Fixing it

While there isn’t a specific set of steps for fixing cannibalisation on a site and the fix might be different depending on the situation, there are a few things you can do:

Re-optimise content

Perhaps the most obvious solution (although far from the only one!) is to look at how a page is optimised for the cannibalised keywords, and update it. Ecommerce is a great example for this – imagine you have a few pages for the same product in different colours but the content is, essentially, the same. Make sure the URLs, headers, and metadata are all different to show how each is unique and ensure they don’t overlap in SERPs.

Consolidate pages

If there are multiple pages showing for the same search intent but you don’t need them all, consider consolidating them into one spot. Rather than two weak pages that are fighting for rankings, you can create one stronger page with better content. Don’t forget to redirect the old pages towards the new, consolidated page.

Use canonical links or noindexing

It’s not always possible to remove pages ranking for the same things, but you can tell Google what page you want them to consider the “original”! Canonical links allow you to tell Google the right page to rank and to assign authority to that content as the original, or best, version. Examples where you may use this include PPC landing pages or CMS restrictions that cause duplicate content.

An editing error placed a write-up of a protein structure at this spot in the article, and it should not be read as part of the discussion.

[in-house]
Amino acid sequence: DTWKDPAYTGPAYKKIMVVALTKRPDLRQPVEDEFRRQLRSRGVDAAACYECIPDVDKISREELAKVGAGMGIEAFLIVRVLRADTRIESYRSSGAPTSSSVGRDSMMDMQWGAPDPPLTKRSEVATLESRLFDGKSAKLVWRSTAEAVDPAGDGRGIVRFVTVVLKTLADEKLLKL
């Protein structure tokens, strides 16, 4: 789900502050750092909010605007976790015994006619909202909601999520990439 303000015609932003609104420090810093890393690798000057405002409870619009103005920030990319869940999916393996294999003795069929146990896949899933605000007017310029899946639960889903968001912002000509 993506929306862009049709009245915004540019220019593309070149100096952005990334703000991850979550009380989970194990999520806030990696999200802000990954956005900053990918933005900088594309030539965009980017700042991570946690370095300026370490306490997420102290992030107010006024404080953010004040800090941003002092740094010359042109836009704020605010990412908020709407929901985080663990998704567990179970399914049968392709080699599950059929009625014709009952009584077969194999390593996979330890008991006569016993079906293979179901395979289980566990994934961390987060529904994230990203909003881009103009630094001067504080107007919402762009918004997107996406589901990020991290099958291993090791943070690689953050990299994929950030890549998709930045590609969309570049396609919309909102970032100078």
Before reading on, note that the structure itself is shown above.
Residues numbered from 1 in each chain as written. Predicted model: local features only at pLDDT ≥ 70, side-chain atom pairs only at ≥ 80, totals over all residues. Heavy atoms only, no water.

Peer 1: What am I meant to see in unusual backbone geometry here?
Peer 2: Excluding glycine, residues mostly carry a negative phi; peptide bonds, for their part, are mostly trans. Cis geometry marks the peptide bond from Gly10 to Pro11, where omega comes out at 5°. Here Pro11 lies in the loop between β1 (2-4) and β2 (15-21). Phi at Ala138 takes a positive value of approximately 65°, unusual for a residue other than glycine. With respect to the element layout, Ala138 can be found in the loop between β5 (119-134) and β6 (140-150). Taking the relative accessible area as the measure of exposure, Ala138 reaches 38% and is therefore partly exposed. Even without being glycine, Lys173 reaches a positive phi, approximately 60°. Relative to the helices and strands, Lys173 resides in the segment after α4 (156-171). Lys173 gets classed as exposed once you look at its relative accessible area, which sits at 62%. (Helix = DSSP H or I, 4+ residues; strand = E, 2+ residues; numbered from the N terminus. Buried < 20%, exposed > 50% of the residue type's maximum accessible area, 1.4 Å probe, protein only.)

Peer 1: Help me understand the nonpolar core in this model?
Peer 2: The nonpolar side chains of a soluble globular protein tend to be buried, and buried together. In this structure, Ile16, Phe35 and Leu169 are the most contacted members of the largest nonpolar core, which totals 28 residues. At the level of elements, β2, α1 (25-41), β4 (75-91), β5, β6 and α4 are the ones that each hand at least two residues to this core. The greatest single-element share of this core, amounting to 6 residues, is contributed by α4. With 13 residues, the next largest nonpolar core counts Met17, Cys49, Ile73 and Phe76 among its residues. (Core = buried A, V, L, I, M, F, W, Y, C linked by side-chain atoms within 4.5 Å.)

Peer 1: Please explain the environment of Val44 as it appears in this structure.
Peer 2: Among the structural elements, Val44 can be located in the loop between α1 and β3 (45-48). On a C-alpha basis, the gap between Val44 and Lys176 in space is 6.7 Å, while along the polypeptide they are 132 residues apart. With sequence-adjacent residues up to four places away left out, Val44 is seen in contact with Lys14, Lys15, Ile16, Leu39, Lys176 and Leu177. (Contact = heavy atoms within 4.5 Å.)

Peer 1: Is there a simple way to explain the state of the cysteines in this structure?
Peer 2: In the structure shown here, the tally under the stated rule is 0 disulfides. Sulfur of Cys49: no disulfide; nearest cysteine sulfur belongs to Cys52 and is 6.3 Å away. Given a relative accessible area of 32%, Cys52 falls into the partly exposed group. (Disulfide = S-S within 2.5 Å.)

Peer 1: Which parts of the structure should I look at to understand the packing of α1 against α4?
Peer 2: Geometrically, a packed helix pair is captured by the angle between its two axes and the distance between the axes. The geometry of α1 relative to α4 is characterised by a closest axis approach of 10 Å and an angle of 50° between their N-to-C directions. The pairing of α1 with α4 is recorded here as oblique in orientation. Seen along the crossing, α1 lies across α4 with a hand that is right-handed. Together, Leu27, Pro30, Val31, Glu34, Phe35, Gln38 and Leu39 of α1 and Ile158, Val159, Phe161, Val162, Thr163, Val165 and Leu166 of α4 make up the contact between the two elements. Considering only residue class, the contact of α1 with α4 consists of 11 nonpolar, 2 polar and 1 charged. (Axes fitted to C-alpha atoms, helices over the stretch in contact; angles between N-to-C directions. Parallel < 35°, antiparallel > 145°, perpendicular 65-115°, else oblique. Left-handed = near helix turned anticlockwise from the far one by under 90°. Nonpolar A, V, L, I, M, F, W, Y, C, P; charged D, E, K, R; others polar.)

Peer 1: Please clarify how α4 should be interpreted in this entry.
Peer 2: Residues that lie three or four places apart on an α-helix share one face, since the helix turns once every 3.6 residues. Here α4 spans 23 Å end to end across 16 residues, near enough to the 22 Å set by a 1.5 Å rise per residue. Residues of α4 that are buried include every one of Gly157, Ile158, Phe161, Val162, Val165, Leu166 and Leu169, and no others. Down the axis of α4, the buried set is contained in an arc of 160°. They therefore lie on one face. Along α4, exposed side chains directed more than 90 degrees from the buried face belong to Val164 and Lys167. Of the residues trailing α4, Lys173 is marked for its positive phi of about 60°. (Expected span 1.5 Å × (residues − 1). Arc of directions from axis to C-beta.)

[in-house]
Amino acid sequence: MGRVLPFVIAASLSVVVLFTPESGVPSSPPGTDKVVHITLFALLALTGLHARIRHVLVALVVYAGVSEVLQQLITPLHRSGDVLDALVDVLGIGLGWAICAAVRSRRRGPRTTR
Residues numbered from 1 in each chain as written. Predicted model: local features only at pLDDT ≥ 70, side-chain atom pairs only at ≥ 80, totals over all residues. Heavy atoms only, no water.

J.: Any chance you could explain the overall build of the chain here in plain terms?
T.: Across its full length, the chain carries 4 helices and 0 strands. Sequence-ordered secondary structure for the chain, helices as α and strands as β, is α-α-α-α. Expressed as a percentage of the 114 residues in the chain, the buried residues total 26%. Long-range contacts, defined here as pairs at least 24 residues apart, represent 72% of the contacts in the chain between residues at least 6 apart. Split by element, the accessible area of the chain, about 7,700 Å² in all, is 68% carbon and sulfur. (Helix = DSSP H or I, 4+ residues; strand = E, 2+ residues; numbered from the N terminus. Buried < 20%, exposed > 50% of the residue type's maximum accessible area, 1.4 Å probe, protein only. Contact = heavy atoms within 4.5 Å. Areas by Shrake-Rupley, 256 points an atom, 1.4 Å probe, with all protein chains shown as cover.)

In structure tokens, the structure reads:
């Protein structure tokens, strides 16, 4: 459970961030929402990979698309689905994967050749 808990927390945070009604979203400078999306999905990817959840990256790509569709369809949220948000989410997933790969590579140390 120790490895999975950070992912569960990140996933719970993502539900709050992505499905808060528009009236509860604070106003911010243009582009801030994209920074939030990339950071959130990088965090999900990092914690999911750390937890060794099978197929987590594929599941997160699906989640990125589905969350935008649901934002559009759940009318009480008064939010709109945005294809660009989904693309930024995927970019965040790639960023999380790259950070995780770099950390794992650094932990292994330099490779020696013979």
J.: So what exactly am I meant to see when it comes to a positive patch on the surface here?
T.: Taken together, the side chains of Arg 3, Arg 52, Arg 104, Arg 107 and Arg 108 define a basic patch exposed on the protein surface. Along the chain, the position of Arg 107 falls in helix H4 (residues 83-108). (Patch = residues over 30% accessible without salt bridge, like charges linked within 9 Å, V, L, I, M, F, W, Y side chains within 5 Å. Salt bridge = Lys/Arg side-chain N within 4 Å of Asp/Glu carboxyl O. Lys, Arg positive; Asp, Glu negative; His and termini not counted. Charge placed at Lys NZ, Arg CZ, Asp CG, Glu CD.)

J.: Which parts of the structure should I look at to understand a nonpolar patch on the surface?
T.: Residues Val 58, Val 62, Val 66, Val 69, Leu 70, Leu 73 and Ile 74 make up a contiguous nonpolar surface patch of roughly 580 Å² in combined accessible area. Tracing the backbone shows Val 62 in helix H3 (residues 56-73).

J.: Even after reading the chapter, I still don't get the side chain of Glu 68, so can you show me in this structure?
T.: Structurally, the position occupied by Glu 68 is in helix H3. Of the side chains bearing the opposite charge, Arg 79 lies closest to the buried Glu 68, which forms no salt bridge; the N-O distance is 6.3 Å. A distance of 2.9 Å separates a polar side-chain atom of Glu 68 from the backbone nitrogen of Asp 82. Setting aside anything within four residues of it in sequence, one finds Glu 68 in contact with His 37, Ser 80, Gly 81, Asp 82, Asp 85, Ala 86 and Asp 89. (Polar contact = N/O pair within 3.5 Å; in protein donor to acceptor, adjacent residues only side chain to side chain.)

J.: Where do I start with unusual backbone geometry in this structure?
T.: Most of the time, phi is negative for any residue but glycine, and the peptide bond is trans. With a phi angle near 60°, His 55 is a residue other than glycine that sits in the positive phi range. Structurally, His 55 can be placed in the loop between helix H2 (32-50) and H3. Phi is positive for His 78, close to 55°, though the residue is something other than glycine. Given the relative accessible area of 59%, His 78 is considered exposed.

While using canonical links is preferred, the other option is to implement noindex tags. This allows all pages to exist on the site, but tells Google to crawl only one of them. However, this is an option you should only use in very specific cases, like a tags page on your blog that isn’t really a page you want to rank, but still need on your site.

Create new pages

Sometimes, you have very specific pages, but no overarching page. For example, pages advertising individual products like dresses, ranking for a more broad term like “womens dresses”. This is an opportunity to create a range category page to capture those terms, and ensure the product pages rank for their own, specific terms.

No one likes cannibals

I mean… this is pretty much a given, right? But truly, there’s a good reason it’s called keyword cannibalisation! Google hates it and in a lot of cases, so will the visitors to your site – it’s a bit of a cyclical thing. The best option is to monitor your keywords closely to keep an eye on any cannibalisation, as well as reviewing the content on your site already before creating a new page.

If you need help, or just want to understand what the heck keyword cannibalisation is a little better, get in touch below!

Combat keyword cannibalisation

Talk to our SEO experts

Pick your goals…

    Woo hoo!

    You have successfully sent your message.

    We'll revert back to you as soon as possible.
    Back to Home

    Erin Payne

    Written By
    Read previous post Read next post